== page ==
Full access
in American Journal of Veterinary Research

Abstract

Objective—To assess the likelihood of an introduction of foot-and-mouth disease (FMD) into the Malaysia-Thailand-Myanmar (MTM) peninsula through terrestrial movement of livestock.

Animals—89,294 cattle and buffalo legally moved into the MTM peninsula.

Procedures—A quantitative risk assessment was conducted by use of a stochastic simulation. Patterns of livestock movement were ascertained through review of relevant governmental records and regulations and by interviewing farmers, traders, and local officers when the records did not exist. Parameters identified in the process were the probabilities of livestock having FMD and of FMD infection going undetected during import processes. The probability of an animal accepted for import having FMD was also assessed. Sensitivity analysis was performed to determine the effects that each parameter had on the model.

Results—The simulation yielded an average consignment prevalence of 10.95%. Typically, each animal in a quarantine facility had a 2.7% chance of having an inapparent form of FMD infection; hence, it was likely an animal would not be identified as infected. Findings revealed that the mean probability of an animal accepted for import having FMD was 2.9%, and the risk was as high as 11%.

Conclusions and Clinical Relevance—Results of the model allowed for the evaluation of movement regulations currently imposed in the MTM peninsula. Evidence from the study suggested that current practices in animal movement were far from efficient in preventing introduction of FMD-infected animals into the MTM region, and additional measures will be necessary.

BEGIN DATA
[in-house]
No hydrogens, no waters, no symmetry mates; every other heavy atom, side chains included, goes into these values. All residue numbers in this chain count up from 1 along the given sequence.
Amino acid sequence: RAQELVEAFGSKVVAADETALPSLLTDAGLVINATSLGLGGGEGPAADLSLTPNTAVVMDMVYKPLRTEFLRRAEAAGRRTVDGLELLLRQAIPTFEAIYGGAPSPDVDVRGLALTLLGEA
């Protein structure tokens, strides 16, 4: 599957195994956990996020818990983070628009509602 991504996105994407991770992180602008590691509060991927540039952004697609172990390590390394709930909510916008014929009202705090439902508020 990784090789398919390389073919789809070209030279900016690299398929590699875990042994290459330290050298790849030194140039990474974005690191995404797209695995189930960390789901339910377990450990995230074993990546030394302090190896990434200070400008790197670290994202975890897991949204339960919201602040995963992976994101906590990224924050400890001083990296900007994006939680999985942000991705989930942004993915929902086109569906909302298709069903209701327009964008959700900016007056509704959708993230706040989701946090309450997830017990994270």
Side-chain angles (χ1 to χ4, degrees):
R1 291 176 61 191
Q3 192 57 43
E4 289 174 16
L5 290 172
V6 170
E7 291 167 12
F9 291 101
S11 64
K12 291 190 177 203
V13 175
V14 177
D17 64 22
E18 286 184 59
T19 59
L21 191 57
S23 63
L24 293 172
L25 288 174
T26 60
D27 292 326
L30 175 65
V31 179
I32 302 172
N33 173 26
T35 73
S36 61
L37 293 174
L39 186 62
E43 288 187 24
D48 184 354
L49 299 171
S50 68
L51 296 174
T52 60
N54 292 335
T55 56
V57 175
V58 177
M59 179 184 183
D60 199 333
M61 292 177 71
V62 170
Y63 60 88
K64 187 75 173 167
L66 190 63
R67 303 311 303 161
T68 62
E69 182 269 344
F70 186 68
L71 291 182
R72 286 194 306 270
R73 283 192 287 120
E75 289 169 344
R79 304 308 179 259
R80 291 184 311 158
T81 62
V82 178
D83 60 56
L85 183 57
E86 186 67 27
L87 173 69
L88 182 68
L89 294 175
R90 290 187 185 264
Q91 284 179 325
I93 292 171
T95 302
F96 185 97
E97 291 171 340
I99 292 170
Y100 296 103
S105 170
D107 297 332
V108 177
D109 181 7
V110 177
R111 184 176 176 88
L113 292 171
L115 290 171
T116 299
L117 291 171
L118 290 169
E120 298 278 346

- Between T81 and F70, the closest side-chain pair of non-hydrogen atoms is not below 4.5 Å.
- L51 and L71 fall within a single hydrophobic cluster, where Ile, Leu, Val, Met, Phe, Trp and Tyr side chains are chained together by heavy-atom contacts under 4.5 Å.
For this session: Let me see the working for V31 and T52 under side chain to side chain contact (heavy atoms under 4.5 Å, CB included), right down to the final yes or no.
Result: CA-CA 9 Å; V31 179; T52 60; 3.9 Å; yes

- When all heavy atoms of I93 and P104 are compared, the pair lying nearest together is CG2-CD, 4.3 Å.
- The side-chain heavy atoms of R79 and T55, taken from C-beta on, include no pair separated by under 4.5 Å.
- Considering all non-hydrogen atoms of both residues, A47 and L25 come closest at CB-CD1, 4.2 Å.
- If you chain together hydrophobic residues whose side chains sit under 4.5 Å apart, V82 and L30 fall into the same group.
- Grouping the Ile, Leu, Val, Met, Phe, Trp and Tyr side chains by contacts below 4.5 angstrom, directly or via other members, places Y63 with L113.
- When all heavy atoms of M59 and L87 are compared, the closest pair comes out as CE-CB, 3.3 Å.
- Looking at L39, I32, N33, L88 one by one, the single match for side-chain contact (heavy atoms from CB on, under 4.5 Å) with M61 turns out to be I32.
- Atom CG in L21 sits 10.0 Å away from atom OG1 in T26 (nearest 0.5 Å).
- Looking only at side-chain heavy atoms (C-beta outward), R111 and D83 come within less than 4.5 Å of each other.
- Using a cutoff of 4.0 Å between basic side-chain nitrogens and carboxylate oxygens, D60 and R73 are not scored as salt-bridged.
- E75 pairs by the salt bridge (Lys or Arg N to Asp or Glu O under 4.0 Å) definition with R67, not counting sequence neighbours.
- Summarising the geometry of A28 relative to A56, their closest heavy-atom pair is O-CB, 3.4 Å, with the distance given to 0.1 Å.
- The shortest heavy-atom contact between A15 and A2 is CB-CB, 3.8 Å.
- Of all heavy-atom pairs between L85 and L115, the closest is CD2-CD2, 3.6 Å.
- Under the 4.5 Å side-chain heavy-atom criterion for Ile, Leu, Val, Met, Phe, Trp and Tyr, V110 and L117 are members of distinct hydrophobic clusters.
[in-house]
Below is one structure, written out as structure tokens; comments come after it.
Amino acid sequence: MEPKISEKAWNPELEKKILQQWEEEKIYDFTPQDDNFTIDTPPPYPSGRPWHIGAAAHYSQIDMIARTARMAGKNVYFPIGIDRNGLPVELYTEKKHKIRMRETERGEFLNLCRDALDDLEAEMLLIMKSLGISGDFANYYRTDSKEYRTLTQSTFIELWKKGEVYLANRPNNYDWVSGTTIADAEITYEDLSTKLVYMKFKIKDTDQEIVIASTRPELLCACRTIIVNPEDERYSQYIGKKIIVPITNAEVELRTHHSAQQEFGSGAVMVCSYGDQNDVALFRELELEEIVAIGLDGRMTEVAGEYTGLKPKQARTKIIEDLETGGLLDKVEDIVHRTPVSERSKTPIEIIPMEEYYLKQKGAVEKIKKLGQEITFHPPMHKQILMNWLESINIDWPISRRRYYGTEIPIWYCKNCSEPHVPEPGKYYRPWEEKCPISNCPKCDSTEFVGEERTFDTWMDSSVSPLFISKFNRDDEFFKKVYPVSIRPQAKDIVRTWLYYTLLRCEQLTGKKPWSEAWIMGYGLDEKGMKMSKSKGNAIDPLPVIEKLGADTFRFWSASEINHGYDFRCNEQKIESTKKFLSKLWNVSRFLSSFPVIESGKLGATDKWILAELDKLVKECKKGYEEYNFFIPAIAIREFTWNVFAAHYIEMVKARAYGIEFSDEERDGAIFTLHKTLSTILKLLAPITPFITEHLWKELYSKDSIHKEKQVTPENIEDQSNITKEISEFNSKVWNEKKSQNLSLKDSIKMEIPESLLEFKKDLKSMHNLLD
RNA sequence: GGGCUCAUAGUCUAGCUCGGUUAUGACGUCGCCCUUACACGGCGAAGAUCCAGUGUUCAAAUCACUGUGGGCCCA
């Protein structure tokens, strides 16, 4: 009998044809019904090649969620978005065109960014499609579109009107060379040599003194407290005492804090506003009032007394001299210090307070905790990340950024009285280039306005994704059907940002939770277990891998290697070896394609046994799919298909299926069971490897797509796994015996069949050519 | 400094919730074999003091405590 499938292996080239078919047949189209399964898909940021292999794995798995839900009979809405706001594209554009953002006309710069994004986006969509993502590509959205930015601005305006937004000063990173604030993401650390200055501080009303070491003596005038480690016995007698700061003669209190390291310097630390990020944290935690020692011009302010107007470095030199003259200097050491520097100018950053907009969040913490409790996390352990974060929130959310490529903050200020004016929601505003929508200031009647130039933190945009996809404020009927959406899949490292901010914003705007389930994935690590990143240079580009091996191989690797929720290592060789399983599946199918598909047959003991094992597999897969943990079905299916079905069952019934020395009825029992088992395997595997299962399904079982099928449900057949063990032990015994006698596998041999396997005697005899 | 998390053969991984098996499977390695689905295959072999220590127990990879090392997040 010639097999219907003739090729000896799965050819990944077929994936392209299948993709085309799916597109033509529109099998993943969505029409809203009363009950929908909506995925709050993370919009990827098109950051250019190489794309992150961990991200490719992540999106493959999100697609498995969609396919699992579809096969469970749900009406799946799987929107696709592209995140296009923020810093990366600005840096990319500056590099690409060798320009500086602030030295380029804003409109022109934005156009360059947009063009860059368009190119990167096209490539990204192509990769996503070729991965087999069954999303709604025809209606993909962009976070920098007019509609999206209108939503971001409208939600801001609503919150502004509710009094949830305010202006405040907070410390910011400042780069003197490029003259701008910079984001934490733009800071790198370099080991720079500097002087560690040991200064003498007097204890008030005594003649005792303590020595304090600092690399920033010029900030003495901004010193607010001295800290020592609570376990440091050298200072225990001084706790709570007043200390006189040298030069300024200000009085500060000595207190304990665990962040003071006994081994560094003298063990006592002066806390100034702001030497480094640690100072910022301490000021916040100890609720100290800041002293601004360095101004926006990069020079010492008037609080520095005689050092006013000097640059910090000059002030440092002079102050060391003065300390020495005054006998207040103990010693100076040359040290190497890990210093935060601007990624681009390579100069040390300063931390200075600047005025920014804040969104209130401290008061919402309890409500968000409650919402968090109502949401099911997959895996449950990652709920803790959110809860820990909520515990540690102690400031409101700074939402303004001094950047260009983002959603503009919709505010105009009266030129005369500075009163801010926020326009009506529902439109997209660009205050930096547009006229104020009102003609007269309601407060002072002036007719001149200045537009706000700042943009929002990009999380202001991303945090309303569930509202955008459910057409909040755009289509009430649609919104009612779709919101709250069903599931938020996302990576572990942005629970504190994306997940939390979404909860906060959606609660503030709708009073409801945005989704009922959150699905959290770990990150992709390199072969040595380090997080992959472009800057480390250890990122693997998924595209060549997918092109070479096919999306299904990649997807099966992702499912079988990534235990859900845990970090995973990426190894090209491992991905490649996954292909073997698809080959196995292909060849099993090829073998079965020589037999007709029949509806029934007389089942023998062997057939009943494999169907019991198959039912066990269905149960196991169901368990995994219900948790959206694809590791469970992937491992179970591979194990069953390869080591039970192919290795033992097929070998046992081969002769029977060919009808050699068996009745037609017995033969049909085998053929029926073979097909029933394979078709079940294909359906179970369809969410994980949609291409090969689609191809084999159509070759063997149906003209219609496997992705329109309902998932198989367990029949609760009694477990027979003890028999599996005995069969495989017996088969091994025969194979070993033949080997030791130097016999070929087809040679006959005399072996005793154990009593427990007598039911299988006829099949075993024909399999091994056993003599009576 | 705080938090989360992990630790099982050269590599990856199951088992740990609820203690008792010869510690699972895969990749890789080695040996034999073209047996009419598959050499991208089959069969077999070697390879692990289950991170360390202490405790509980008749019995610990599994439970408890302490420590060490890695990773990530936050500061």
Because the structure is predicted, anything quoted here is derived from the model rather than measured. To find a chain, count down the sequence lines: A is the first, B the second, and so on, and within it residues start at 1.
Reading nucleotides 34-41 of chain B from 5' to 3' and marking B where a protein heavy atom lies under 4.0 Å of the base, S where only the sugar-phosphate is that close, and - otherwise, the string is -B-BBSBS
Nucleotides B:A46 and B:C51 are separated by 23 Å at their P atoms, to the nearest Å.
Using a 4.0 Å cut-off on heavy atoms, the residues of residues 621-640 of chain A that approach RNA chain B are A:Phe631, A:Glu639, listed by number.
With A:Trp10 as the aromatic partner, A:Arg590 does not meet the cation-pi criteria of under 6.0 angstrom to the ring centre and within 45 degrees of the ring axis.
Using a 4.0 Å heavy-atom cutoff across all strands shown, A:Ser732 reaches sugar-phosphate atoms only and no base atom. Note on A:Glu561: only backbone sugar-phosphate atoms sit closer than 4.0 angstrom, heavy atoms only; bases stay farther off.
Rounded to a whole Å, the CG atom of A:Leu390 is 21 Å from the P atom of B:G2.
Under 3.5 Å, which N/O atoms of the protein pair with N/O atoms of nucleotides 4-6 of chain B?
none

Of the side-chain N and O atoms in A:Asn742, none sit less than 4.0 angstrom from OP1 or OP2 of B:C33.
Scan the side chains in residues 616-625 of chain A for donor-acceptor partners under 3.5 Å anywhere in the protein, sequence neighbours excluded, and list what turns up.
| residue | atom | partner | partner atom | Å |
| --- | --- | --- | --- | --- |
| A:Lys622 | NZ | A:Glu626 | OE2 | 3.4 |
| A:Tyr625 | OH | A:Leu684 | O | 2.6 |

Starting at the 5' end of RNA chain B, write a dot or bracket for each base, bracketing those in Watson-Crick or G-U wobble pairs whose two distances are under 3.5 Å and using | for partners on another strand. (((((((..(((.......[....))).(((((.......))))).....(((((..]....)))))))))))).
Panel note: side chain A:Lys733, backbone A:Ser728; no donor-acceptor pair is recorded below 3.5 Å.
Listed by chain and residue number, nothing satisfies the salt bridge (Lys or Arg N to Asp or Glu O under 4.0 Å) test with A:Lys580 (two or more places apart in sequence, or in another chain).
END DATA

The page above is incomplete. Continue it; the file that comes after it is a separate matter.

Full access
in American Journal of Veterinary Research

Abstract

Objective—To describe the prevalence of West Nile virus (WNV) infection and evaluate factors associated with positive IgM capture ELISA results in equids with clinical signs compatible with WNV infection.

Design—Retrospective case series.

Sample Population—Laboratory submission forms from 1,104 equids tested for WNV in Colorado in 2003.

Procedures—Submission forms accompanying samples submitted for detection of WNV via IgM capture ELISA were obtained from the Colorado state veterinarian and diagnostic laboratories performing the tests. Data on signalment, clinical signs, history of vaccination against WNV, and assay results were collected from laboratory submission forms. Equids with clinical signs compatible with WNV infection in which IgM capture ELISA results were positive were considered as case equids.

Results—1,104 equids were tested for WNV; 1,017 (92.1%) had clinical signs compatible with WNV infection. Among equids with clinical signs compatible with WNV infection, the odds of testing positive for WNV via IgM capture ELISA were lower in males and in vaccinated equids and higher in equids with moderate and severe illness, compared with females, unvaccinated equids, and equids with mild illness.

Conclusions and Clinical Relevance—Among equids with clinical signs compatible with WNV infection, vaccination against WNV, severity of clinical signs, duration of illness, and region in Colorado were associated with increased risk of having a positive IgM capture ELISA result.

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in Journal of the American Veterinary Medical Association